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Design

  • Place of origin:

    London (probably, designed)

  • Date:

    1782-1794 (designed)

  • Artist/Maker:

    Unknown

  • Materials and Techniques:

    Pen and ink on paper

  • Museum number:

    E.246-1973

  • Gallery location:

    Prints & Drawings Study Room, level C, case T, shelf 10, box A

These are two designs, one above the other, for embroidery on muslin or gauze. They are for the border of a petticoat to a woman's open gown or for the border of the gown itself. Women wore gowns that were open in front to reveal the petticoat. This design is for the embroidery along the border above the bottom hem of a petticoat and also for such a border on the gown itself. The design repeated so that this pattern continued around the border. The scalloped edge in the upper design and the serrated edge of the lower design formed the hem of the gown.

The motif of bows with tassels appears to be generic and occurs on a length of mull (a light muslin) embroidered in coloured silks in a private collection and in a 'Pattern for a Train, Drawn by Mr Styart in Plate IV of The Fashionable Magazine published n London in 1786.

Physical description

Design of two wavy meanders, like the backbones of snakes in pencil, pen and brown ink. The design is on a small, rectangular sheet of laid paper. There are no holes for pouncing. The paper was once folded into four but is now flattened out. There are two pinholes to one side of the design with the triangular border but there are no other pinholes.

Place of Origin

London (probably, designed)

Date

1782-1794 (designed)

Artist/maker

Unknown

Materials and Techniques

Pen and ink on paper

Marks and inscriptions

'I have not worked these / but I thought mayhaps /
you might like them - /
Return all when you /
Have done with them .'
In pen and brown ink in handwriting

'LI AINE'
This is a watermark. Most of the tops of the letters are missing because the paper is torn along this edge.

Dimensions

Height: 44.4 cm, Width: 23.5 cm

Object history note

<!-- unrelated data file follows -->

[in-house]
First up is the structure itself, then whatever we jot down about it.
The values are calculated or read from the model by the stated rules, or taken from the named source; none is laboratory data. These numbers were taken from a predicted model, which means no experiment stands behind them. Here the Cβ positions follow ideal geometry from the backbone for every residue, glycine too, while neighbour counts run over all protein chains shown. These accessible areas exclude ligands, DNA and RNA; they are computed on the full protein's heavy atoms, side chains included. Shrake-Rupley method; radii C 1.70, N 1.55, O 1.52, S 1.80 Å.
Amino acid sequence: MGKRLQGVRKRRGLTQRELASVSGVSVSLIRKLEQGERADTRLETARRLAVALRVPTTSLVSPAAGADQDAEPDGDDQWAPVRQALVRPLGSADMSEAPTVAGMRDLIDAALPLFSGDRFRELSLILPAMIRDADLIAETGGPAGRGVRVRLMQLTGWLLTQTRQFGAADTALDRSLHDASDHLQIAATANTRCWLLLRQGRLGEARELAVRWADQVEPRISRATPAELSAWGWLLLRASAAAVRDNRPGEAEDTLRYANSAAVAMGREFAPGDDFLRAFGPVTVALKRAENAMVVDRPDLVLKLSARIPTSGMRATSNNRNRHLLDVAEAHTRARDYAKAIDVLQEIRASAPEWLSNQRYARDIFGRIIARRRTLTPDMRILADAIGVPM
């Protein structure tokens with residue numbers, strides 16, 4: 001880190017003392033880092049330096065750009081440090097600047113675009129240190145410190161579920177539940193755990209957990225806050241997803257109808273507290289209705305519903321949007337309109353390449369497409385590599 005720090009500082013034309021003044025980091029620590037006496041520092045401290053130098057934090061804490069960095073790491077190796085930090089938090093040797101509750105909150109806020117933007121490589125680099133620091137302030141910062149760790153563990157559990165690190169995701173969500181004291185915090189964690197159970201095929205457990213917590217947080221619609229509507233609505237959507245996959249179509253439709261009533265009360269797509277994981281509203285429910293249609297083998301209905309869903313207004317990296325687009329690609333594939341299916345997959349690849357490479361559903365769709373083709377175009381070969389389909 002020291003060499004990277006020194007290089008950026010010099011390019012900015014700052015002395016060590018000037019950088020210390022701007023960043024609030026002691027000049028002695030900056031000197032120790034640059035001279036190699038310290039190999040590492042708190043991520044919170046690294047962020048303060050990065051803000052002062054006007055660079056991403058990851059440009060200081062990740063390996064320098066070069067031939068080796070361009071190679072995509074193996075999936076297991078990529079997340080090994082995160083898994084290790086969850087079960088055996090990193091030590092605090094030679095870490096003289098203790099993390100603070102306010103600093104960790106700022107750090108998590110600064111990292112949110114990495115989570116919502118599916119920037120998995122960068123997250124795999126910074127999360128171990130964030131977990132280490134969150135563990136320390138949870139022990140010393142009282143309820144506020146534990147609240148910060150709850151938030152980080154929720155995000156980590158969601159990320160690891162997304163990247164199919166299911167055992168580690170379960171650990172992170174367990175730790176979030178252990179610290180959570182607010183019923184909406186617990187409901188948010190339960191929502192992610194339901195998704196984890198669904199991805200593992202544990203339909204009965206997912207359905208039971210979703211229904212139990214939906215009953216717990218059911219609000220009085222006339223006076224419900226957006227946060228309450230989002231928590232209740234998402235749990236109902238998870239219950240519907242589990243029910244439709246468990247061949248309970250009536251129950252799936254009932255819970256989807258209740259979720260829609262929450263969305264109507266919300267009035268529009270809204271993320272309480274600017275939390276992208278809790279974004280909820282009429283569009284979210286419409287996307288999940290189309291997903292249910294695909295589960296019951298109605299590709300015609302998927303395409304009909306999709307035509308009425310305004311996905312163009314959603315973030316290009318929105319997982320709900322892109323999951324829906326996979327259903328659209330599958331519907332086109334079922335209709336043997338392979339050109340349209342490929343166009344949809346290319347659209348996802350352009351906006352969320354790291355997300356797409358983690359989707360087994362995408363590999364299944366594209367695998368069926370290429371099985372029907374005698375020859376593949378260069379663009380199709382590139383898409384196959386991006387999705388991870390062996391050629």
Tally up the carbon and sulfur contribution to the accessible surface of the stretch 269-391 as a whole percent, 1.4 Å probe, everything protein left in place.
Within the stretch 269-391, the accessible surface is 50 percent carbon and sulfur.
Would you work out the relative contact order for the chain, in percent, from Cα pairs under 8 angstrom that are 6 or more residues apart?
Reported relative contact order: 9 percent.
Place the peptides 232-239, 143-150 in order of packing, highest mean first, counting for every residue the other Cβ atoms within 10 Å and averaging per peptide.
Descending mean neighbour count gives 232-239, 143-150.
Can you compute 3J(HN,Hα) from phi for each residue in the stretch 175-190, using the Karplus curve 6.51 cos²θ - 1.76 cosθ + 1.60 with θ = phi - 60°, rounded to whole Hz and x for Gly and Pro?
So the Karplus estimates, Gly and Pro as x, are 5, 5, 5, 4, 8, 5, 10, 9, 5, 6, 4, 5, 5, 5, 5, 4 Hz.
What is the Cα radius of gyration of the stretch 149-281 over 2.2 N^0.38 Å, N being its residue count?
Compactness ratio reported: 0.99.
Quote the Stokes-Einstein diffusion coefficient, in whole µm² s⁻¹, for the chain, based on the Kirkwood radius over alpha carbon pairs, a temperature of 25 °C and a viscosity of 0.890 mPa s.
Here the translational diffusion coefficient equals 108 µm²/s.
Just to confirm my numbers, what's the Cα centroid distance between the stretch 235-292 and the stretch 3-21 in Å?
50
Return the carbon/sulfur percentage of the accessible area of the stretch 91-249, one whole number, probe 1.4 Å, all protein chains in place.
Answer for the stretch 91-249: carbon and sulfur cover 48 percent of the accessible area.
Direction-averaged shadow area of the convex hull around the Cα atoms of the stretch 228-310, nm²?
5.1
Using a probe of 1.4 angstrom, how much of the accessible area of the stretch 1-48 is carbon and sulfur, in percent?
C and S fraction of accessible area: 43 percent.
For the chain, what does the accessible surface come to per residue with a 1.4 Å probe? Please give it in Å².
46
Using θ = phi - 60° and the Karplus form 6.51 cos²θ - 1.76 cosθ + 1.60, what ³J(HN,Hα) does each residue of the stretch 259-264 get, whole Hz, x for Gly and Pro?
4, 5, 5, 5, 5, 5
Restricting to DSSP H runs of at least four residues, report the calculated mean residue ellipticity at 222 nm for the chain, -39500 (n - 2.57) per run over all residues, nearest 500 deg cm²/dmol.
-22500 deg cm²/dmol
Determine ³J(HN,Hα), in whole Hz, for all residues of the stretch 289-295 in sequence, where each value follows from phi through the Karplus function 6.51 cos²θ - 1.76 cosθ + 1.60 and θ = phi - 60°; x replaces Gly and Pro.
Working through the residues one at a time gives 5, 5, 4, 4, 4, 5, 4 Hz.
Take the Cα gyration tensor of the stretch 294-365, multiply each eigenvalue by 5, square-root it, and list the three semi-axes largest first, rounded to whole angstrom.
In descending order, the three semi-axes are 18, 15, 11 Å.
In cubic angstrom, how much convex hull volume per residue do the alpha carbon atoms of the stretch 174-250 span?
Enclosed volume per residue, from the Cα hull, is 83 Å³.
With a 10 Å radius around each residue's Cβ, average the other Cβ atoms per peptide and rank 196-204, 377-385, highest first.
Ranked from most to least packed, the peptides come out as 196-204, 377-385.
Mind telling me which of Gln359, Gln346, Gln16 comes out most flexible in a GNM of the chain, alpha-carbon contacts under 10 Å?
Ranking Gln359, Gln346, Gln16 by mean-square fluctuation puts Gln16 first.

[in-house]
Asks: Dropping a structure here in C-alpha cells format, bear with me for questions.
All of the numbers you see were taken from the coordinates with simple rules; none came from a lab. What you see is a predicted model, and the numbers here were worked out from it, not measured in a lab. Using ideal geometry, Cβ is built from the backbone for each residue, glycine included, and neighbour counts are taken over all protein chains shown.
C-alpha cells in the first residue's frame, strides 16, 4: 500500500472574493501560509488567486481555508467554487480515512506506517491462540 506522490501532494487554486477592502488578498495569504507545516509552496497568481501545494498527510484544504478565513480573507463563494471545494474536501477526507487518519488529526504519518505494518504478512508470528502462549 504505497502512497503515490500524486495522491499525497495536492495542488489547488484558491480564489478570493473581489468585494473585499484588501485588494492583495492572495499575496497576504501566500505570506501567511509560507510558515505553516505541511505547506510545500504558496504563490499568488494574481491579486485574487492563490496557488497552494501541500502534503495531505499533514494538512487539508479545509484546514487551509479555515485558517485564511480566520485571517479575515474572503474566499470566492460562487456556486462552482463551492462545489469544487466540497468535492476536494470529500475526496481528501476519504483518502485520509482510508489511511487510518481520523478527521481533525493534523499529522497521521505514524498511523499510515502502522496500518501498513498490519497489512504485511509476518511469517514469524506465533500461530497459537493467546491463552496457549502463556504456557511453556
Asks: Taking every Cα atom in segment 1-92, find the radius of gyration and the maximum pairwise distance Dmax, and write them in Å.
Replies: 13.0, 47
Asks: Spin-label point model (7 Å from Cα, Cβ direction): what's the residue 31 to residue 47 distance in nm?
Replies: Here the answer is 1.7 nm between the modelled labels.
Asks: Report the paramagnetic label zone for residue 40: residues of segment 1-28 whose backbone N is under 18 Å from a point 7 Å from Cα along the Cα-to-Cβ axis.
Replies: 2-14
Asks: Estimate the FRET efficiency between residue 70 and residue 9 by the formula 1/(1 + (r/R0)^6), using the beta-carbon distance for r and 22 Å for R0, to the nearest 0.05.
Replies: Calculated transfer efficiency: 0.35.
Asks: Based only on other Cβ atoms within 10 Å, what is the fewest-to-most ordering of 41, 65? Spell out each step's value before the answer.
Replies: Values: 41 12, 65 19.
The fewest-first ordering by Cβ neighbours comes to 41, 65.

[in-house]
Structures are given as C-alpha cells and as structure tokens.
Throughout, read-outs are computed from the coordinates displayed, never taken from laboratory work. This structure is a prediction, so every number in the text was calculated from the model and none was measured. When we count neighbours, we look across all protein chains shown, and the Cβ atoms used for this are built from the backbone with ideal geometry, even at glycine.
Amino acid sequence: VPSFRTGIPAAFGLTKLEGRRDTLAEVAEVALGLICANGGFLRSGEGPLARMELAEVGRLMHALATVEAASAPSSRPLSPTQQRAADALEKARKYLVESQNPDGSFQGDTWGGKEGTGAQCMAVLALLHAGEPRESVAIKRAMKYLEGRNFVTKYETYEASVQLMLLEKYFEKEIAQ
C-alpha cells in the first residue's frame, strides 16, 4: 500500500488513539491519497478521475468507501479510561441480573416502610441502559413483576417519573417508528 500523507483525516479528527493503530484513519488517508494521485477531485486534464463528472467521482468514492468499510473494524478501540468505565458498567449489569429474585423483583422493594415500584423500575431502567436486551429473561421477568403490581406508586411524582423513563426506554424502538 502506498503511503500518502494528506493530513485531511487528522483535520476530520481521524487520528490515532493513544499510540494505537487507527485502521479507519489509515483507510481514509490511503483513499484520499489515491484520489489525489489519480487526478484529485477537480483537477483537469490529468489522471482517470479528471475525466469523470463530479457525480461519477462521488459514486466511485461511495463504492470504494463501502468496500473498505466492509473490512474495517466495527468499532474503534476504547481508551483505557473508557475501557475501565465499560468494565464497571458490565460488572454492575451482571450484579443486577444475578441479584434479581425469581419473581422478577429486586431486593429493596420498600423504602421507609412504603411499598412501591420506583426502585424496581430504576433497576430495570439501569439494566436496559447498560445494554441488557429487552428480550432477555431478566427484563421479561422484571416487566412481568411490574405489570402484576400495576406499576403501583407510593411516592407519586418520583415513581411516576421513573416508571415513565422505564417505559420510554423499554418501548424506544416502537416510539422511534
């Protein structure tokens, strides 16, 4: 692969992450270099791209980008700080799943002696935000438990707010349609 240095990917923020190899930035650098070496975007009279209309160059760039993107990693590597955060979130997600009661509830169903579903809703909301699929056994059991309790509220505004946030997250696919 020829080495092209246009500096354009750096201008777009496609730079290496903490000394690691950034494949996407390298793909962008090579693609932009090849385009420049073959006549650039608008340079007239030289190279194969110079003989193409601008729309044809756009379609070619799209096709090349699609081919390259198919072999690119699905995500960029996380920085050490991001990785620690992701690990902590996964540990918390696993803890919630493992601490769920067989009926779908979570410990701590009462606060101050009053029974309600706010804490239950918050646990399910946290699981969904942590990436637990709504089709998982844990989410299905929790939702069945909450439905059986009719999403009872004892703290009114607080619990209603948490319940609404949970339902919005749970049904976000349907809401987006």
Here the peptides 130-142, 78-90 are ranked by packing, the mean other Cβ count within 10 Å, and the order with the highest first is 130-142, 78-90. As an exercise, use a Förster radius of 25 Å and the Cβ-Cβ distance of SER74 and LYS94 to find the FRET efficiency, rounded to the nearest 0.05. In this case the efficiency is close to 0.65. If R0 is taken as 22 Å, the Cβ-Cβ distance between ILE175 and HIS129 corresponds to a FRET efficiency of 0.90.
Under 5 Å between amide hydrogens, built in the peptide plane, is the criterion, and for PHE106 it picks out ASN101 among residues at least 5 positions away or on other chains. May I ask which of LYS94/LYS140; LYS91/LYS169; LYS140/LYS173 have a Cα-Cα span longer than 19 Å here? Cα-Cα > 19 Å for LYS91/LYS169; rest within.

The designs were bequeathed to the Victoria and Albert Museum in 1973 by Raymond Johnes who had 'enormous and miscellaneous collections'.* Johnes' collection included Japanese art, on which he published,** Indian and European material. He did not specialise in collecting textiles although he owned some examples. He was in contact with the Museum 1920s-1970 offering to sell objects from his collection. Johnes did not provide the Museum with information about the history of ownership of the designs.

*Mr B.W. Robinson, former Keeper of the Far Eastern Department, V&A, in a letter to Mr Ayres, Assistant- Keeper in the same Department, V&A Regsitry, nominal file, (MA/1/J479).

**Johnes, Raymond. Japanese Art London: Spring Books, 1961.

Descriptive line

Anonymous designs for embroidery, 18th century

Production Note

The design comes from a group of designs that were part of a retailer's archive which employed professional embroiderers. The names of the female clients inscribed on the designs were of the aristocracy, gentry or from wealthy families that moved in the upper reaches of society. They had homes in the country and came to London for the season. Retailers who sold such designs were linen drapers and lacemakers, both of which categories existed in London and were available to the clients. Many pattern drawers worked in London where their trade proved a lucrative business during the season. The similarity of some of the designs from this group to those by Styart, whose designs were published in London, does support the argument that these designs came from a retailer's archive based in London.

Attribution note: The folds in the paper suggest that the designs might have been folded for transport. Perhaps they were sent to another embroiderer.

The design is in fact two designs because there is a different pattern like a backbone on each with its own border which is unlike the other. The use of the plural form of the pronoun in the inscription 'I have not worked these' supports this theory. Two designs on one sheet shows an economic use of paper in making designs for embroidery. The lack of pinholes means that the designs were not used much. There is an embroidered muslin dress with a petticoat in the Museum of London with a similar wavy pattern like a backbone and a serrated edge like the design on the bottom MOL 51.20/1.
Reason For Production: Retail

Materials

Ink; Paper

Techniques

Drawing

Categories

Designs; Embroidery; Textiles; Fashion; Europeana Fashion Project

Production Type

Design

Collection

Prints, Drawings & Paintings Collection

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